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Rock and Roll - Stick a Fork in It ?

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Anonymous
April 12, 2005 8:20:04 PM

Archived from groups: rec.audio.pro (More info?)

The PBS News Hour last night featured a Clarence Page Essay on the
state of Rock and Roll.......
http://www.pbs.org/newshour/essays/jan-june05/page_4-11...

If R & R isn't dead, it's certainly on life support...... As you may
have noticed for the first time in 50 years the charts really contain
no Roll and Roll music....... RIP ??

More about : rock roll stick fork

Anonymous
April 13, 2005 12:02:13 AM

Archived from groups: rec.audio.pro (More info?)

and how much rap and "R&B" ( i laugh at that description) do I listen
to?



absolutely zilch.


sorry, its not dead.
Anonymous
April 13, 2005 2:26:23 AM

Archived from groups: rec.audio.pro (More info?)

How old are you???

The kids (the ones who are supposed to be into r&r) haven't bought a CD
or anything else that gets charted in years. But they are downloading
it and creating it like crazy. Here in LA there are a dozen rehearsal
complexes within a few miles of my studio. 9 out of 10 rooms are
filled with 19 year olds rockin their butts off.
Related resources
Anonymous
April 13, 2005 2:53:16 AM

Archived from groups: rec.audio.pro (More info?)

J_West wrote:
> The PBS News Hour last night featured a Clarence Page Essay on the
> state of Rock and Roll.......
> http://www.pbs.org/newshour/essays/jan-june05/page_4-11...
>
> If R & R isn't dead, it's certainly on life support...... As you may
> have noticed for the first time in 50 years the charts really contain
> no Roll and Roll music....... RIP ??
>

For a genre based on three chords I think it had a pretty damn good run!

Jonny Durango
Anonymous
April 13, 2005 3:06:18 AM

Archived from groups: rec.audio.pro (More info?)

hollywood_steve wrote:
> How old are you???
>
> The kids (the ones who are supposed to be into r&r) haven't bought a
CD
> or anything else that gets charted in years. But they are
downloading
> it and creating it like crazy. Here in LA there are a dozen
rehearsal
> complexes within a few miles of my studio. 9 out of 10 rooms are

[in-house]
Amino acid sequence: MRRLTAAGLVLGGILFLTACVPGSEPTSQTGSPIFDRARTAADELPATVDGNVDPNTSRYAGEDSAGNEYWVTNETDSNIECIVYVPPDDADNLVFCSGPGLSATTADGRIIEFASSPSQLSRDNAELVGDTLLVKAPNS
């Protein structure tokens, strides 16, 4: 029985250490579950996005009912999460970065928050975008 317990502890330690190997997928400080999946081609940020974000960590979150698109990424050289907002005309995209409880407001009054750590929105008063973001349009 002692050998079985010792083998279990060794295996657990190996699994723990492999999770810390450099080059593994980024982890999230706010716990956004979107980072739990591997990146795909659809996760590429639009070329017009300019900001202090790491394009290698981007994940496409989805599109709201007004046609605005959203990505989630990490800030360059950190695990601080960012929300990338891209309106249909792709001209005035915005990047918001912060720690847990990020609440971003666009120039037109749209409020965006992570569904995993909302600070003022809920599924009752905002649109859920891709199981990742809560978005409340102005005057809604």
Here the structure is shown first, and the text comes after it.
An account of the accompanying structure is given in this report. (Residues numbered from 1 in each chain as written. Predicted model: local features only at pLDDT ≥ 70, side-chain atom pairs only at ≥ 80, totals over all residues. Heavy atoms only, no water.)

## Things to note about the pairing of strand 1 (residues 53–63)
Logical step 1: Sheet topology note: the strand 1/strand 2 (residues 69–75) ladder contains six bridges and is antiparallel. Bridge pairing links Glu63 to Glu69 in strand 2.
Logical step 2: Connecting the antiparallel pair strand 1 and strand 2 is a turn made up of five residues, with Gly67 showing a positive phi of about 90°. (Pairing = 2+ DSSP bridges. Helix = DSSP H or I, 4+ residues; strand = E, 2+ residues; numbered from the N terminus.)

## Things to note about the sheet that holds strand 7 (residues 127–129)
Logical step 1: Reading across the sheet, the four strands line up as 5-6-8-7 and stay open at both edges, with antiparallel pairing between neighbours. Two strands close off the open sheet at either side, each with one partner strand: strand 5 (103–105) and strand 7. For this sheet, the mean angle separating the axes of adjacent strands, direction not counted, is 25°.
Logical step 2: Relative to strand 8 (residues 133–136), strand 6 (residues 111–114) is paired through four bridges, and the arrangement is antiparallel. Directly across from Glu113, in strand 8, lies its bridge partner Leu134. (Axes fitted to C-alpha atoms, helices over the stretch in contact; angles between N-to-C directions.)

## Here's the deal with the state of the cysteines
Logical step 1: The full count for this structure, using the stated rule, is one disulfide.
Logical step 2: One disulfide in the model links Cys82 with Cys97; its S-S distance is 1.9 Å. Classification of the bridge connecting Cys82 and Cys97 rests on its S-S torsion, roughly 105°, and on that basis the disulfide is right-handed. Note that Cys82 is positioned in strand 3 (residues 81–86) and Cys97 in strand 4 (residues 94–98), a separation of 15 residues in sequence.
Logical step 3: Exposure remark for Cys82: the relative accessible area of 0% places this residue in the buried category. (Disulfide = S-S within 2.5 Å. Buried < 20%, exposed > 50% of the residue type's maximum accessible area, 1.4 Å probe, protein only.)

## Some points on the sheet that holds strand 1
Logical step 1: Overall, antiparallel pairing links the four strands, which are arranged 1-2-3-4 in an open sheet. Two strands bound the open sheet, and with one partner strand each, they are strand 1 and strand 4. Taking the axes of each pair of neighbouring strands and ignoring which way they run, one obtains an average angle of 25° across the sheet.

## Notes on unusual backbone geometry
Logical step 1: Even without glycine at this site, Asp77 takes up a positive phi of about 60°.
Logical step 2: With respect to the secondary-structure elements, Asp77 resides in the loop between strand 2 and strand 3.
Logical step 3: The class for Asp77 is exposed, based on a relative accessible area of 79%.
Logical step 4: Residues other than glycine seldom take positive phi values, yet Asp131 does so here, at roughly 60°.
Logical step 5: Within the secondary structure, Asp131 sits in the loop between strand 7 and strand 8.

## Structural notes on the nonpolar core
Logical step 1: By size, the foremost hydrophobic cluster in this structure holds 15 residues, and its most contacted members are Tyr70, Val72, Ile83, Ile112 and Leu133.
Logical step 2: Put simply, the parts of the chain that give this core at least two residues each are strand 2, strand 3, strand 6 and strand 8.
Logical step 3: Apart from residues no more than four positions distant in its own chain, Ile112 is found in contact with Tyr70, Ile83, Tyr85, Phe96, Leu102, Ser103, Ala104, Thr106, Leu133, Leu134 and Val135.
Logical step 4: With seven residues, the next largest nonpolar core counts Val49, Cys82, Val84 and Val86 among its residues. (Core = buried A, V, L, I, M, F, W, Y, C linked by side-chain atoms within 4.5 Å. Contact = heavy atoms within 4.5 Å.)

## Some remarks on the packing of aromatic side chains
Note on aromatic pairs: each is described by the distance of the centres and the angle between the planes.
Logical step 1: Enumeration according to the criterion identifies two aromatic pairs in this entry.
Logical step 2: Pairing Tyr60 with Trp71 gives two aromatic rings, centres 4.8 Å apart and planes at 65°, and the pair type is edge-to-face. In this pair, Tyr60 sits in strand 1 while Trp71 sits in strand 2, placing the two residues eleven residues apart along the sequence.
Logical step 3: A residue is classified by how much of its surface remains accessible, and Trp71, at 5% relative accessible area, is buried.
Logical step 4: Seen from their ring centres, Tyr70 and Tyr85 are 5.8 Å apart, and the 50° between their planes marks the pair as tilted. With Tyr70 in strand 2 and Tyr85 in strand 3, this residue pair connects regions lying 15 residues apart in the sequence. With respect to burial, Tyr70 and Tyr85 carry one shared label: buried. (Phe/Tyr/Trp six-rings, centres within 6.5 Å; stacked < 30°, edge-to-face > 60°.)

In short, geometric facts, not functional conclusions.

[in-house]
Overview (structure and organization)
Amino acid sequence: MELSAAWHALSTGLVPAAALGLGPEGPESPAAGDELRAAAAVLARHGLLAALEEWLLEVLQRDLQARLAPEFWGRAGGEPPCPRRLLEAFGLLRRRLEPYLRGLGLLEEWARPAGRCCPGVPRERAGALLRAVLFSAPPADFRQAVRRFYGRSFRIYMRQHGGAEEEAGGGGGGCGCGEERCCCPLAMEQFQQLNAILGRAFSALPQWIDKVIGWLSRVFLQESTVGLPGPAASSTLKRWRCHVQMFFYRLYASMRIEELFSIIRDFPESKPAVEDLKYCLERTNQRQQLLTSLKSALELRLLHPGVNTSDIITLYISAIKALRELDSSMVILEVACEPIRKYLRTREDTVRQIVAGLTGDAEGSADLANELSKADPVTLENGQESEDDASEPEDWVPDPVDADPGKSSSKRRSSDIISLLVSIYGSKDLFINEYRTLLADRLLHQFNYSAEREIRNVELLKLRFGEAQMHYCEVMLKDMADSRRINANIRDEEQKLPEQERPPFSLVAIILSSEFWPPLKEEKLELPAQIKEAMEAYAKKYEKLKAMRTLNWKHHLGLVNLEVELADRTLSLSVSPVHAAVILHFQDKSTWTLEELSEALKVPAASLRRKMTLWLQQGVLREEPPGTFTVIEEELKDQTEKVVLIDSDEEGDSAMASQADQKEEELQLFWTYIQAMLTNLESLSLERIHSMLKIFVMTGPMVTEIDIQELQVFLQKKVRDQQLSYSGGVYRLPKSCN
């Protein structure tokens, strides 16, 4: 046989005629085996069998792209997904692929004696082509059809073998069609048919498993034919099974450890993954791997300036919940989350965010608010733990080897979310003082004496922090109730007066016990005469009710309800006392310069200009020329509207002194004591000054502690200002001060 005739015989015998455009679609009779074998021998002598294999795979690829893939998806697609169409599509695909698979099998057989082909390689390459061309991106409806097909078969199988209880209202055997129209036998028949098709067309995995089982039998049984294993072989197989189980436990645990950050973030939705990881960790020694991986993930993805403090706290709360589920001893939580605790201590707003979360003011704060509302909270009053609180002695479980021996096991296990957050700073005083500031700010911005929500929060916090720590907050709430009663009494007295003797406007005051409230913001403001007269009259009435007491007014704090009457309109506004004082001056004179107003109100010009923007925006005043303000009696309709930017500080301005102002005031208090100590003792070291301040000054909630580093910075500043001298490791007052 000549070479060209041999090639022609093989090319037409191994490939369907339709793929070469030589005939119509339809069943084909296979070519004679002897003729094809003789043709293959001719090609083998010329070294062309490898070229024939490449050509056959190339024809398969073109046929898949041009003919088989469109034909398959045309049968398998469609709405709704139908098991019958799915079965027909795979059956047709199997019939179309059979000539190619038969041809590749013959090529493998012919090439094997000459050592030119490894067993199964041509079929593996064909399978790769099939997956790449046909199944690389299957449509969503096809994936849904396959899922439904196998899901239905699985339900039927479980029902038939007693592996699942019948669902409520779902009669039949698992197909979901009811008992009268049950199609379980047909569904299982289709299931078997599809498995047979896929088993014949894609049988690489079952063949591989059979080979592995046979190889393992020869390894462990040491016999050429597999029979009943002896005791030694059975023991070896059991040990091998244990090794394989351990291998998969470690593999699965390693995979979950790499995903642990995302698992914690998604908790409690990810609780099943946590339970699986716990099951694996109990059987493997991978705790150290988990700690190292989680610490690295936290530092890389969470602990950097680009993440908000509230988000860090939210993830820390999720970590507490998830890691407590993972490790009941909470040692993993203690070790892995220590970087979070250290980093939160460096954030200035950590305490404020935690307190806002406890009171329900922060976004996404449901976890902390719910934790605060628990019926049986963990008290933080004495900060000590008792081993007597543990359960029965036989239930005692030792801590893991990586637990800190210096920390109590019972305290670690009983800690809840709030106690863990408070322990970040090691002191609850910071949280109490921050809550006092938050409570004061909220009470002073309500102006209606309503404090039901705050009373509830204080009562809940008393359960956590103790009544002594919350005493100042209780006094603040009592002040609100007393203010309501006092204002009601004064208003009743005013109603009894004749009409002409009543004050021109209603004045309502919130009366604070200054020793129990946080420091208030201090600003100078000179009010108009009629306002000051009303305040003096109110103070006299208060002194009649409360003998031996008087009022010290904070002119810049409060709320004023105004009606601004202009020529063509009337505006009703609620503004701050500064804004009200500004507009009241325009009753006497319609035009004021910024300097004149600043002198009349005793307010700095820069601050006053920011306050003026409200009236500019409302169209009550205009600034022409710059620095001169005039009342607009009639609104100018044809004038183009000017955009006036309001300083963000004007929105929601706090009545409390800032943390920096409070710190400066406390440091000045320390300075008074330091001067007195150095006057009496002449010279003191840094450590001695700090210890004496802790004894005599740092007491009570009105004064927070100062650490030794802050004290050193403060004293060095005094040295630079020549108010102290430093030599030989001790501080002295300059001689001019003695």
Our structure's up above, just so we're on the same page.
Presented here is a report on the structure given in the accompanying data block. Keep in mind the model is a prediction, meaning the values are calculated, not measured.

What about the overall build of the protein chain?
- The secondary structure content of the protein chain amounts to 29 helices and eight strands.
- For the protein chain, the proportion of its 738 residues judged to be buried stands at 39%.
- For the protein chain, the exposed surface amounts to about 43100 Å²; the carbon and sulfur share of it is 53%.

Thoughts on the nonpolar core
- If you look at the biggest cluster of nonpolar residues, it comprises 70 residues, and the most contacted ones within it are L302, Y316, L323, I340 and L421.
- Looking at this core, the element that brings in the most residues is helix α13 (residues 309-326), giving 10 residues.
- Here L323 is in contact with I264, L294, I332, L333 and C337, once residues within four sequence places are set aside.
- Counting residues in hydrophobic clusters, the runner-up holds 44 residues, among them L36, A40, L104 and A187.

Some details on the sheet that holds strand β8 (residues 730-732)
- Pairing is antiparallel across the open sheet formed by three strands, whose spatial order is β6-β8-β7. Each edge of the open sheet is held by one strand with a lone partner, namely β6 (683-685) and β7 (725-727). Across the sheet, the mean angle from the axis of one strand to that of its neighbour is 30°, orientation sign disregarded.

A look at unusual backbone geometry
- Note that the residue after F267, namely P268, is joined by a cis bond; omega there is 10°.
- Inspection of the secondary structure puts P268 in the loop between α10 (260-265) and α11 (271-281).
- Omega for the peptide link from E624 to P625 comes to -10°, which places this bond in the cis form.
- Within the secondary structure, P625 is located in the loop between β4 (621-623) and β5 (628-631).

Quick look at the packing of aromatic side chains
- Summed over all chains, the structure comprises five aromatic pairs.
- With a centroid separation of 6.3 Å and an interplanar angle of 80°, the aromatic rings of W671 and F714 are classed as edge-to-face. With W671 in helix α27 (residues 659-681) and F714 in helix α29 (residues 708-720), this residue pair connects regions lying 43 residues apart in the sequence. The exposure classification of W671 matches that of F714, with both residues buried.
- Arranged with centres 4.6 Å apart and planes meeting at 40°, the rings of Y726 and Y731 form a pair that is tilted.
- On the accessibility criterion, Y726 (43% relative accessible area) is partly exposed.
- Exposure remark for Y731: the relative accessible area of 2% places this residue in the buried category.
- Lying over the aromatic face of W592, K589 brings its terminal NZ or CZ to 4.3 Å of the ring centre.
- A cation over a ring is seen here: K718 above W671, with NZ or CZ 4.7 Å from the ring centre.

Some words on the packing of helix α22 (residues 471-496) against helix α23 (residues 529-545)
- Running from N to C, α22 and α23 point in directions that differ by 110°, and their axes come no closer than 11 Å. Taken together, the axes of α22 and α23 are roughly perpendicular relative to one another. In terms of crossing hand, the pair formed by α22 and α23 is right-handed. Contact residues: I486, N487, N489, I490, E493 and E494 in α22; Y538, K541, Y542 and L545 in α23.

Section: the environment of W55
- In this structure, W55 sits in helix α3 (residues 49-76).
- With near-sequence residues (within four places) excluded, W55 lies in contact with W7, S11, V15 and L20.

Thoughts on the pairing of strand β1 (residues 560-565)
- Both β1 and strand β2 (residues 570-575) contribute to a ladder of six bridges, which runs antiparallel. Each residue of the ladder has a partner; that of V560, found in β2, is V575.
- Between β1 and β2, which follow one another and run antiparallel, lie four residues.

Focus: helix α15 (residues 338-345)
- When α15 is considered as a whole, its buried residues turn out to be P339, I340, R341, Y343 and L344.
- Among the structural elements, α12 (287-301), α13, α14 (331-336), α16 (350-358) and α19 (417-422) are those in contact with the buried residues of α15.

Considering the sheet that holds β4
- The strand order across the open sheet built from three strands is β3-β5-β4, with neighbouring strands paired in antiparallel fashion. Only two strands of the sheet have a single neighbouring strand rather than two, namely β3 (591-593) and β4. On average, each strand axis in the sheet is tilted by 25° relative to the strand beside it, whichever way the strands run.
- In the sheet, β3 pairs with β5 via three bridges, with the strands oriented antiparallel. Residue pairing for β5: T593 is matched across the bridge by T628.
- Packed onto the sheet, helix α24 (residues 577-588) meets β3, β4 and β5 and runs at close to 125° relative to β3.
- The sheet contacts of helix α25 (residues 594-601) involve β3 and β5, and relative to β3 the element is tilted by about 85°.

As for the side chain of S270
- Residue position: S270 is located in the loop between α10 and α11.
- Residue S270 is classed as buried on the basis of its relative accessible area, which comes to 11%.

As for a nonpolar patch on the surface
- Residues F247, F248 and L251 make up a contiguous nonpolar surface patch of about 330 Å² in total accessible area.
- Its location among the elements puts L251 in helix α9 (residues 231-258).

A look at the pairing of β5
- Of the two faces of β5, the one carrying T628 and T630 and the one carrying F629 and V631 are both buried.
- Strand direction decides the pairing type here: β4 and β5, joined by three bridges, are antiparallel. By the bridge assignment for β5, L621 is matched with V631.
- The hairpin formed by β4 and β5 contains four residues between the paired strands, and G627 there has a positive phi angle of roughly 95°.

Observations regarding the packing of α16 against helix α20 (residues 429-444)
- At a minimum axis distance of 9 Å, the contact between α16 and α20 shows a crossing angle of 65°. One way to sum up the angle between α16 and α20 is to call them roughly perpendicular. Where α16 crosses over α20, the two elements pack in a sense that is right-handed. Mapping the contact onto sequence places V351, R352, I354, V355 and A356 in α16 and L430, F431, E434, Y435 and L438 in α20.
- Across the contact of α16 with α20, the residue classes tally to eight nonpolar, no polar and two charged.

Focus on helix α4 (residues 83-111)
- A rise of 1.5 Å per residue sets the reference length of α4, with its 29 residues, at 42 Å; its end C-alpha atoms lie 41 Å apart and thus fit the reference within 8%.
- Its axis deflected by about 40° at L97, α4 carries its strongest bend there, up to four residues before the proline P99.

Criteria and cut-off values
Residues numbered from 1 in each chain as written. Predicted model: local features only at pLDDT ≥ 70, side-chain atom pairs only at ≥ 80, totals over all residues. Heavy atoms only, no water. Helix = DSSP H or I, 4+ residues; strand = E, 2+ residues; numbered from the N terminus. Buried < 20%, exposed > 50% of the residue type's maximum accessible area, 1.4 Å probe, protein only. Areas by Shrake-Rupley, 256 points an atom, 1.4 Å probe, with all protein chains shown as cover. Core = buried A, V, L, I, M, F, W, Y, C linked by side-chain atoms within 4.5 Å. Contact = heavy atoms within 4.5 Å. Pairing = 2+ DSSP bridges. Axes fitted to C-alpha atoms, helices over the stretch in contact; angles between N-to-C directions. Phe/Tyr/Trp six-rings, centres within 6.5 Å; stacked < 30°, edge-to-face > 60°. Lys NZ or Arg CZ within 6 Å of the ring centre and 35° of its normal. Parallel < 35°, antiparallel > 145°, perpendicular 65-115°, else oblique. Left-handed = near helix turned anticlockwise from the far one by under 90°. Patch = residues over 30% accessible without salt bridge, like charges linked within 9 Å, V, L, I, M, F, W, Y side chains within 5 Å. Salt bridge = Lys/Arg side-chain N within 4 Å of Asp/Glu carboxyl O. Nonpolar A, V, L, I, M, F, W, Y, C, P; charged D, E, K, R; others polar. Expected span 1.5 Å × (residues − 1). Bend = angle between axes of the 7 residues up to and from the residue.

> filled with 19 year olds rockin their butts off.


Well that's fine but R & R is quickly becoming a sub genre like Jazz
and Blues. Not good or bad, just the way it is... And I didn't write
the essay. Clarence Page did. I just happen to agree with him.

Most inner city young kids don't even know who Nirvana was, much less
Zeppelin etc....... But they do seem to know the Beatles?
Anonymous
April 13, 2005 5:11:38 AM

Archived from groups: rec.audio.pro (More info?)

J_West wrote:

>
> Most inner city young kids don't even know who Nirvana was, much less
> Zeppelin etc....... But they do seem to know the Beatles?
>

Wow, that is something. They don't own a radio?
Anonymous
April 13, 2005 6:17:34 AM

Archived from groups: rec.audio.pro (More info?)

Yes they are listening to Radio and according to Clarence Page's essay
........"Rock is disappearing from the airwaves of stations across the
country".
Anonymous
April 13, 2005 7:01:19 AM

Archived from groups: rec.audio.pro (More info?)

<<< "But hey, the charts gots more plastic jugs than your average
family
dairy farm. "
>>>>


hehehe....... some plastic buns too.
Anonymous
April 13, 2005 11:08:28 AM

Archived from groups: rec.audio.pro (More info?)

In article <1113348004.660185.228030@f14g2000cwb.googlegroups.com> johnston_west@hotmail.com writes:

> If R & R isn't dead, it's certainly on life support...... As you may
> have noticed for the first time in 50 years the charts really contain
> no Roll and Roll music....... RIP ??

Well, today (April 12) was the bazillionth anniversary of the
recording date for Shake Rattle and Roll by Bill Haley and the Comets,
a record that some hisorians credit for putting rock'n'roll on the
map.

--
I'm really Mike Rivers (mrivers@d-and-d.com)
However, until the spam goes away or Hell freezes over,
lots of IP addresses are blocked from this system. If
you e-mail me and it bounces, use your secret decoder ring
and reach me here: double-m-eleven-double-zero at yahoo
Anonymous
April 13, 2005 11:33:44 AM

Archived from groups: rec.audio.pro (More info?)

Trevor de Clercq wrote:
> Every genre is based on three chords.

Actually, I suspect the naysayers' contempt for rap and R&B might be a
bit less vitriolic if those 2nd and 3rd chords ever showed up. But I
wouldn't hold my breath.
Anonymous
April 13, 2005 11:52:47 AM

Archived from groups: rec.audio.pro (More info?)